(SKY NEWS) – Women will be allowed to join UK Special Forces for the first time, removing the final barrier to women in Britain’s armed forces.
Gavin Williamson has announced that all roles will now be open to both genders in the SAS and SBS.
Speaking at a military training exercise on Salisbury Plain, the defence secretary said: “Women have led the way with exemplary service in the armed forces for over 100 years, working in a variety of specialist and vital roles.
“So I am delighted that from today, for the first time in its history, our armed forces will be determined by ability alone and not gender.”
Although women have served alongside special forces for many years, in support roles such as intelligence and as medics, they will now be able to apply for selection in the same way their male colleagues do.
It is understood that women already hold positions in the Special Reconnaissance Regiment but not the better known SAS and SBS.
There will be no change in the elite selection process, known as one of the toughest in the world. It includes a series of timed marches, carrying heavy loads across mountainous and rough terrain in the Brecon Beacons.
In 2016, then prime minister David Cameron announced that the ban on women serving in combat roles would be lifted.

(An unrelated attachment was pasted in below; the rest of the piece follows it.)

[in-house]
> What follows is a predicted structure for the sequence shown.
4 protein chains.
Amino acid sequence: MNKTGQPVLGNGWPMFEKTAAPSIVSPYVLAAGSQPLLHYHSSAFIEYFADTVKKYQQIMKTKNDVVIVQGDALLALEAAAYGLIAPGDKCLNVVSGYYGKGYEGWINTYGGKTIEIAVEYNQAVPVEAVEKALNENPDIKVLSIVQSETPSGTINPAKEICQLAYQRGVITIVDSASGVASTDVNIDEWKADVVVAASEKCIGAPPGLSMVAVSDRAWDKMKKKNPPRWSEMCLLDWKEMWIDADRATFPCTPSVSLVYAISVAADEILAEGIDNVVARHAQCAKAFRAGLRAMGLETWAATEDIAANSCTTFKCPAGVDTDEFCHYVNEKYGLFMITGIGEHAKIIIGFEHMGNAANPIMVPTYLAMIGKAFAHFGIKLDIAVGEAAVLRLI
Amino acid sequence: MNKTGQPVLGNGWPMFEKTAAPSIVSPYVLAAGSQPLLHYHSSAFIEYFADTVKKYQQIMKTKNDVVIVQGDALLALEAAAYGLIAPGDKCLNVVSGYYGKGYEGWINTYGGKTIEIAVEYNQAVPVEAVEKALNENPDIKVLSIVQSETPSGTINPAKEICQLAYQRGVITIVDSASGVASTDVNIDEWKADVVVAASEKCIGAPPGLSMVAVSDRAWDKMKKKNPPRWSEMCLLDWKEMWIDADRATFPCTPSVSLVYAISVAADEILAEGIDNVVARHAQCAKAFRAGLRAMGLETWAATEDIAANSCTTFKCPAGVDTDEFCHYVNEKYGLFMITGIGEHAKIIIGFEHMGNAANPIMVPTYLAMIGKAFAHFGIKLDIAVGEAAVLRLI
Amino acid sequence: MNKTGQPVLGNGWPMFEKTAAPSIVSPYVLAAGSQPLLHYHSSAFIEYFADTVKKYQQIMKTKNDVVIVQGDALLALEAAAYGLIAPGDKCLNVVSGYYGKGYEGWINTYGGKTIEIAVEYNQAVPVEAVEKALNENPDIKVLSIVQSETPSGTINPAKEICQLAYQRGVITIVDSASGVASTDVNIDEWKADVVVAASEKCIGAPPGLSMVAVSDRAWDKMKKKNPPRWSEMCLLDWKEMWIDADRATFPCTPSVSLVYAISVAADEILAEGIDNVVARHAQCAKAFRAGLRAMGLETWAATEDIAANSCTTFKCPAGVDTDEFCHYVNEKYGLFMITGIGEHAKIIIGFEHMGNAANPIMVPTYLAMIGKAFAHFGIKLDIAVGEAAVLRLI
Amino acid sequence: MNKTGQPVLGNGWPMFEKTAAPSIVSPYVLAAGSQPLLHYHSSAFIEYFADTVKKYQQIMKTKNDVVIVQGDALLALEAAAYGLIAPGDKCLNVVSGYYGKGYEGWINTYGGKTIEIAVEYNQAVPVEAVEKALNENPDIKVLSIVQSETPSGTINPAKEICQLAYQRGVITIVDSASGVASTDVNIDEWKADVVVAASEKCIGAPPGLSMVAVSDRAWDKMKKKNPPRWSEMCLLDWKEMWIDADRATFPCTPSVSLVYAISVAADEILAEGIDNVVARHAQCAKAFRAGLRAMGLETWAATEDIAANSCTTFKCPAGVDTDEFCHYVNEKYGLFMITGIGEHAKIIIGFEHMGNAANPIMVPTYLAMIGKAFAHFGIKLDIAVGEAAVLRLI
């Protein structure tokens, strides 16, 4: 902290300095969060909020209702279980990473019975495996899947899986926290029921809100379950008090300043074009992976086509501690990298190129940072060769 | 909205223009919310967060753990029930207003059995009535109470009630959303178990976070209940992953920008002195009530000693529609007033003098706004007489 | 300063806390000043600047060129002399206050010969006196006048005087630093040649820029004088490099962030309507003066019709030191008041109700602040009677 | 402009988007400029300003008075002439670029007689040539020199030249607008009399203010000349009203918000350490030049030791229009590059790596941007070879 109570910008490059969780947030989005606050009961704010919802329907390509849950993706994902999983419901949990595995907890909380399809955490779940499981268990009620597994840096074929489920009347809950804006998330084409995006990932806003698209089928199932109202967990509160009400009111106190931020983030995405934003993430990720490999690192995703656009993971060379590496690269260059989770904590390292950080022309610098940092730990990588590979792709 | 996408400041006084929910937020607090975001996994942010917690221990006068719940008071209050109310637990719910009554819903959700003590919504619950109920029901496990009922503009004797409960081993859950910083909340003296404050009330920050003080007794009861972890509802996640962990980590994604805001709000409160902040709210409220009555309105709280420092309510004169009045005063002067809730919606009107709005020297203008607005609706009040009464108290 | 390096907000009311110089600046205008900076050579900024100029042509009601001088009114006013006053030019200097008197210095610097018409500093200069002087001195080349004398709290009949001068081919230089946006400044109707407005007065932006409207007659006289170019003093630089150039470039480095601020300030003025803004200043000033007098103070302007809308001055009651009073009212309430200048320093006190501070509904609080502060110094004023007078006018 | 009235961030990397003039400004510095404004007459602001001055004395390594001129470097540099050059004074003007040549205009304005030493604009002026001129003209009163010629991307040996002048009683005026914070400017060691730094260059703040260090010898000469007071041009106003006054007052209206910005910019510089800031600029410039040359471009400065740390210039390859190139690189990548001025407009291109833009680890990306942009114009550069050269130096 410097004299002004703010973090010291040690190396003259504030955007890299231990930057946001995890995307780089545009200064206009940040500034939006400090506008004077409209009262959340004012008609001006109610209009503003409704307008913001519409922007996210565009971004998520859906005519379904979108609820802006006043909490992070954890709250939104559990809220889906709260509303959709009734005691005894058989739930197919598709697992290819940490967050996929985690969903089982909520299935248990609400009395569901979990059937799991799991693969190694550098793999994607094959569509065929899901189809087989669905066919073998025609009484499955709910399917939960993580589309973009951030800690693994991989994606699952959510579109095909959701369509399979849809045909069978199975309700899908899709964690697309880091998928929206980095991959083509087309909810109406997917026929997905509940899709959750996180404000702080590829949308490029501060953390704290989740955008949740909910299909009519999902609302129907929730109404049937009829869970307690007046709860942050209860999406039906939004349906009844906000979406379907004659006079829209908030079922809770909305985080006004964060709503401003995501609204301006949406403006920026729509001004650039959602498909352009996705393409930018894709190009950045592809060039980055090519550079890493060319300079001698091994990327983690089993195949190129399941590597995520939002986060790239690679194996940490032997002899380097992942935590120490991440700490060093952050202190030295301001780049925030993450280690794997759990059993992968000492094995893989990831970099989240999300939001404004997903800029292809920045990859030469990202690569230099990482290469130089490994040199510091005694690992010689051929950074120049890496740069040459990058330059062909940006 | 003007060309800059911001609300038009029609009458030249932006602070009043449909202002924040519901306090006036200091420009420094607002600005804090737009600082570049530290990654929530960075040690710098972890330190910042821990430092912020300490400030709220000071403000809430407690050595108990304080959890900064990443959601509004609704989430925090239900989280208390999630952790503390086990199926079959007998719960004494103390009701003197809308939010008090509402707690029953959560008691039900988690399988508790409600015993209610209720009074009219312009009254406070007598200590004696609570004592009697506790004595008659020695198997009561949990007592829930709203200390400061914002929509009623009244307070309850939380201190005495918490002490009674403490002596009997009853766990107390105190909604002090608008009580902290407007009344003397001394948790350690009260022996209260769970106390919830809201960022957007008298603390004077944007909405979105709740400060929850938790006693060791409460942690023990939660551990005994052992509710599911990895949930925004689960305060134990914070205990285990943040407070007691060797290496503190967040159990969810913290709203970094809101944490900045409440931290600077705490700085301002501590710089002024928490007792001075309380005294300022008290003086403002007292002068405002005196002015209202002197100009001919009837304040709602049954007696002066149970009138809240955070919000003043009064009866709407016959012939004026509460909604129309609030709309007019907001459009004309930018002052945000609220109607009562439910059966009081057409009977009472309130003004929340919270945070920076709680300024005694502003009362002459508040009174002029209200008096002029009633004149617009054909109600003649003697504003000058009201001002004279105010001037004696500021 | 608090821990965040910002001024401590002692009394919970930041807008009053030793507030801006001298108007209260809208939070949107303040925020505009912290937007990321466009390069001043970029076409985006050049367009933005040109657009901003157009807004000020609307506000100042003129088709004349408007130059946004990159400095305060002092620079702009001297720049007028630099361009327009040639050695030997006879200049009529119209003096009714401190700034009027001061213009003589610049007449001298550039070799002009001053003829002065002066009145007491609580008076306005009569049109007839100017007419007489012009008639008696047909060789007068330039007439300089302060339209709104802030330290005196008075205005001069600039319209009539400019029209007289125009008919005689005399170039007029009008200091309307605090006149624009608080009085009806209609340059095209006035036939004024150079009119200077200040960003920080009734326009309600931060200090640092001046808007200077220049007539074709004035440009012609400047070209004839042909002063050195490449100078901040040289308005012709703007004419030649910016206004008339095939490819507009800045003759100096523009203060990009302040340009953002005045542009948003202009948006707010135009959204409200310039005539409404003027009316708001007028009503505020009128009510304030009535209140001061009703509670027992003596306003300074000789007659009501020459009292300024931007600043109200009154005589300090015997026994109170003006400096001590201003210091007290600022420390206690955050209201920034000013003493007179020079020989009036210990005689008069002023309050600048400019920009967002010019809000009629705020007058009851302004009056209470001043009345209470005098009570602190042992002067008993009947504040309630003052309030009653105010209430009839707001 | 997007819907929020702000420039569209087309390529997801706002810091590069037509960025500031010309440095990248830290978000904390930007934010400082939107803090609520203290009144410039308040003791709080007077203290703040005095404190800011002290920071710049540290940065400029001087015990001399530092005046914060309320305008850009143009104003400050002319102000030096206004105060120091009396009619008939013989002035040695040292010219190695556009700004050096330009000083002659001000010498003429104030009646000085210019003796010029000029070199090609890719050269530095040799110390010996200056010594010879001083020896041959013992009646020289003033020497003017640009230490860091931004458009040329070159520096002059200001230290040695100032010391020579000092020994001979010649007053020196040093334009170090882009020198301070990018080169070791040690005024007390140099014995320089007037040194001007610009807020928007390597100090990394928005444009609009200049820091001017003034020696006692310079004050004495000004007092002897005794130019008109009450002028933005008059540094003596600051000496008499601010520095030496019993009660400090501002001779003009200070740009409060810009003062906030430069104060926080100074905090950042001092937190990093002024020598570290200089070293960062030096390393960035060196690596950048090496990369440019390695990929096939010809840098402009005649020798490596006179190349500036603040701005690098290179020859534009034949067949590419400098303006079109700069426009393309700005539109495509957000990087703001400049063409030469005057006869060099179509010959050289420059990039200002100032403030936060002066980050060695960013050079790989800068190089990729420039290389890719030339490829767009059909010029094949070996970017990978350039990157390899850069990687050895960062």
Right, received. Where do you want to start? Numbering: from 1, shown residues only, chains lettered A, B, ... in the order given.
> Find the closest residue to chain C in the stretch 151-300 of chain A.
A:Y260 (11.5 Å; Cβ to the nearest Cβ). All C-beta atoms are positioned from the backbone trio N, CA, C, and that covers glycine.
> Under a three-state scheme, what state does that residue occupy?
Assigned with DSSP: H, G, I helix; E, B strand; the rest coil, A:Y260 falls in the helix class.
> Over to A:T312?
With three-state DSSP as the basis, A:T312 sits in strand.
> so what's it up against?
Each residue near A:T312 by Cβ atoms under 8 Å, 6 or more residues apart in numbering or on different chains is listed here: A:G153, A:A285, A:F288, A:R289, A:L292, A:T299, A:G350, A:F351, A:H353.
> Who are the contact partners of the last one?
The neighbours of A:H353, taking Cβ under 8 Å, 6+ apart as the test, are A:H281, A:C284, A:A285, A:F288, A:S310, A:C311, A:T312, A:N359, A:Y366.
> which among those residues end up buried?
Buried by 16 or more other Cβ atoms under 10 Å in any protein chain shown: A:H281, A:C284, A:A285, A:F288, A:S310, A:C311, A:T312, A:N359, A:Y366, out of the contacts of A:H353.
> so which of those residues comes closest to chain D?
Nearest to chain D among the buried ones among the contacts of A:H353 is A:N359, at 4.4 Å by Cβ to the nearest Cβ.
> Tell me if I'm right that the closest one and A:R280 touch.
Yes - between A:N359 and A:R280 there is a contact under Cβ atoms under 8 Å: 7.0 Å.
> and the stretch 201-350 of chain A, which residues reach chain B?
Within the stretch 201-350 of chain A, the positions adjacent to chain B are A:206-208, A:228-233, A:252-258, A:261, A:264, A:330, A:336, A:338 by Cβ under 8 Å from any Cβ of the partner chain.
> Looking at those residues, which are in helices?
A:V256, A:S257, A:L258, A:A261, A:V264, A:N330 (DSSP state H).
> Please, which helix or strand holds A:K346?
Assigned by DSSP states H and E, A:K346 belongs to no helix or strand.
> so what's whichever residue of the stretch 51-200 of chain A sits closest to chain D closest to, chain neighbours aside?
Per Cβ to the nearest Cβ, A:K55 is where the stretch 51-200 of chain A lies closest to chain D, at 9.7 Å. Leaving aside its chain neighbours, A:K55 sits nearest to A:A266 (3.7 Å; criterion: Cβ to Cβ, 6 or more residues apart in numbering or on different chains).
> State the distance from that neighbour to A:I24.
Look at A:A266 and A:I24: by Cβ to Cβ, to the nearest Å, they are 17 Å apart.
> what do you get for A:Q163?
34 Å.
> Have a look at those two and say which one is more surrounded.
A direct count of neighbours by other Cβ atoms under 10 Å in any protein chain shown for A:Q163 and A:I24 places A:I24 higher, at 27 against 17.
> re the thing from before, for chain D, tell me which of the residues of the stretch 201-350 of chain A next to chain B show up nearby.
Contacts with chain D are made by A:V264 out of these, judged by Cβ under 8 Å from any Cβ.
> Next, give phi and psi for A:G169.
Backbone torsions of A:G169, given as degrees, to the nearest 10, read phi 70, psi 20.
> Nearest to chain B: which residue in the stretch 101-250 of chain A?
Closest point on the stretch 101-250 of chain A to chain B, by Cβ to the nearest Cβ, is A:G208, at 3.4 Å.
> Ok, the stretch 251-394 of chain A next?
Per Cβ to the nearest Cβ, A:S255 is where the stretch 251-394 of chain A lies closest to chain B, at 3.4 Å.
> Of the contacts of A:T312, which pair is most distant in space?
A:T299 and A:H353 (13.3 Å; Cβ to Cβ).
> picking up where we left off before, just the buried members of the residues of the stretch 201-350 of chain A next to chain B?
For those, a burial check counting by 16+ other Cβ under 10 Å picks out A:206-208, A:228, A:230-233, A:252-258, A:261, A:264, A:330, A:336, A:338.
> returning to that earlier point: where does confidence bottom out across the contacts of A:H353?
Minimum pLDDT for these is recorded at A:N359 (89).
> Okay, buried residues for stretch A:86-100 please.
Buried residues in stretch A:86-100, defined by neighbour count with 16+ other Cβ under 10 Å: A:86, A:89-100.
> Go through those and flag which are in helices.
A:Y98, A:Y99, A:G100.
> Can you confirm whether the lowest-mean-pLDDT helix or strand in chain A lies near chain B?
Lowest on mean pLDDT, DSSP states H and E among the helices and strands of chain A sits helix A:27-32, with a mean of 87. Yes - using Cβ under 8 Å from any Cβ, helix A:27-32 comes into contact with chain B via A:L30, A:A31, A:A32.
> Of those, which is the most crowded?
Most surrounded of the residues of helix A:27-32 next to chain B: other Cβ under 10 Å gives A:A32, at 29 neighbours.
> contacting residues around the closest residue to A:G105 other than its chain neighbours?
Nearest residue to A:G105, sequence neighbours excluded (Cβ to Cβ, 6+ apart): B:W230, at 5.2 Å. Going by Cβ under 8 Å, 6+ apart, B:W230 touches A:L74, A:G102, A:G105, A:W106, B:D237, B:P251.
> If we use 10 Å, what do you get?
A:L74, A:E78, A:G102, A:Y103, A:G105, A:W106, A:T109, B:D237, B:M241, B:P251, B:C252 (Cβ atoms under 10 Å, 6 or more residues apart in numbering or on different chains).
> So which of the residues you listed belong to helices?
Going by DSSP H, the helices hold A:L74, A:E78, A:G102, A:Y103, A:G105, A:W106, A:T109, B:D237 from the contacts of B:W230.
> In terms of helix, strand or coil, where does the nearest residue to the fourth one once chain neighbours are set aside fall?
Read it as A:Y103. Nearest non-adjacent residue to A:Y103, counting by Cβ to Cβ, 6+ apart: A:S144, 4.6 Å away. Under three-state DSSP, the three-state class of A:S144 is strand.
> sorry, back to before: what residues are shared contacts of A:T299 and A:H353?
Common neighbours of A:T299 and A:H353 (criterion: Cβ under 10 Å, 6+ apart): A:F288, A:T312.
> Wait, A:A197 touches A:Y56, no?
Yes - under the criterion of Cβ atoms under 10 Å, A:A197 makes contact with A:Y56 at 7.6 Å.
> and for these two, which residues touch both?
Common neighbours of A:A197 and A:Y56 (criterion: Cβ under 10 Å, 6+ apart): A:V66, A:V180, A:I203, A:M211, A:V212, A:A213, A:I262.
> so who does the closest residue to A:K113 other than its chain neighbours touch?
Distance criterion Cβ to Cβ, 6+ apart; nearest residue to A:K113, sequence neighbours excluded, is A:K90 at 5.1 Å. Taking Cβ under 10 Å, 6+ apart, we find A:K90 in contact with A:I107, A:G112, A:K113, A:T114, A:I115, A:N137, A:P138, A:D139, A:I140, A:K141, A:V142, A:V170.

That opened up infantry, cavalry and the armoured corps. The first female tank commanders have now qualified.
Tank gunner Lance Corporal Kat Dixon said: “I fit in, I get on with everyone, I don’t feel like I’m that different. I haven’t noticed any massive changes.
“You just get on with it, don’t think about how many women have done it before and just try your best.”
When asked if she felt under more pressure to prove herself because she is a woman, she replied: “Everyone has to prove themselves in the British Army – it’s not something just anyone can do.”
From Thursday, women who are already serving in the military will be allowed to apply to transfer to infantry roles. Women not yet in the military will be able to join from January 2019.
There had been concern that women would not have the physical ability to match their male peers, and that it would complicate situations to have men and women living in close quarters in combat situations.
But those fears were dismissed in a review overseen by the current Chief of the Defence Staff, General Sir Nick Carter, and the ban was lifted.
It brings Britain in line with other nations including the US, Israel and Australia.
Although this latest move will be welcomed by many, the number of women in senior military positions is still very low.
As of October 2017 women represented only 10.3% of the regular military – that equates to just over 15,000 females.
The figures are even worse among senior ranks: just 3.6% of the most senior roles are occupied by women.
In his final interview before leaving the job, the previous head of the British armed forces told Sky News that more must be done.
“I want to say, loud and clear, that we need to do better at the advancement of women in the ranks of the armed forces,” Air Chief Marshal Sir Stuart Peach said.
“We need to do better in ensuring that women feature in the more senior ranks in the armed forces, and that is happening, and I can easily see a future where one day my role is occupied by a woman.
“We need to accept that, embrace it, and get on with it.”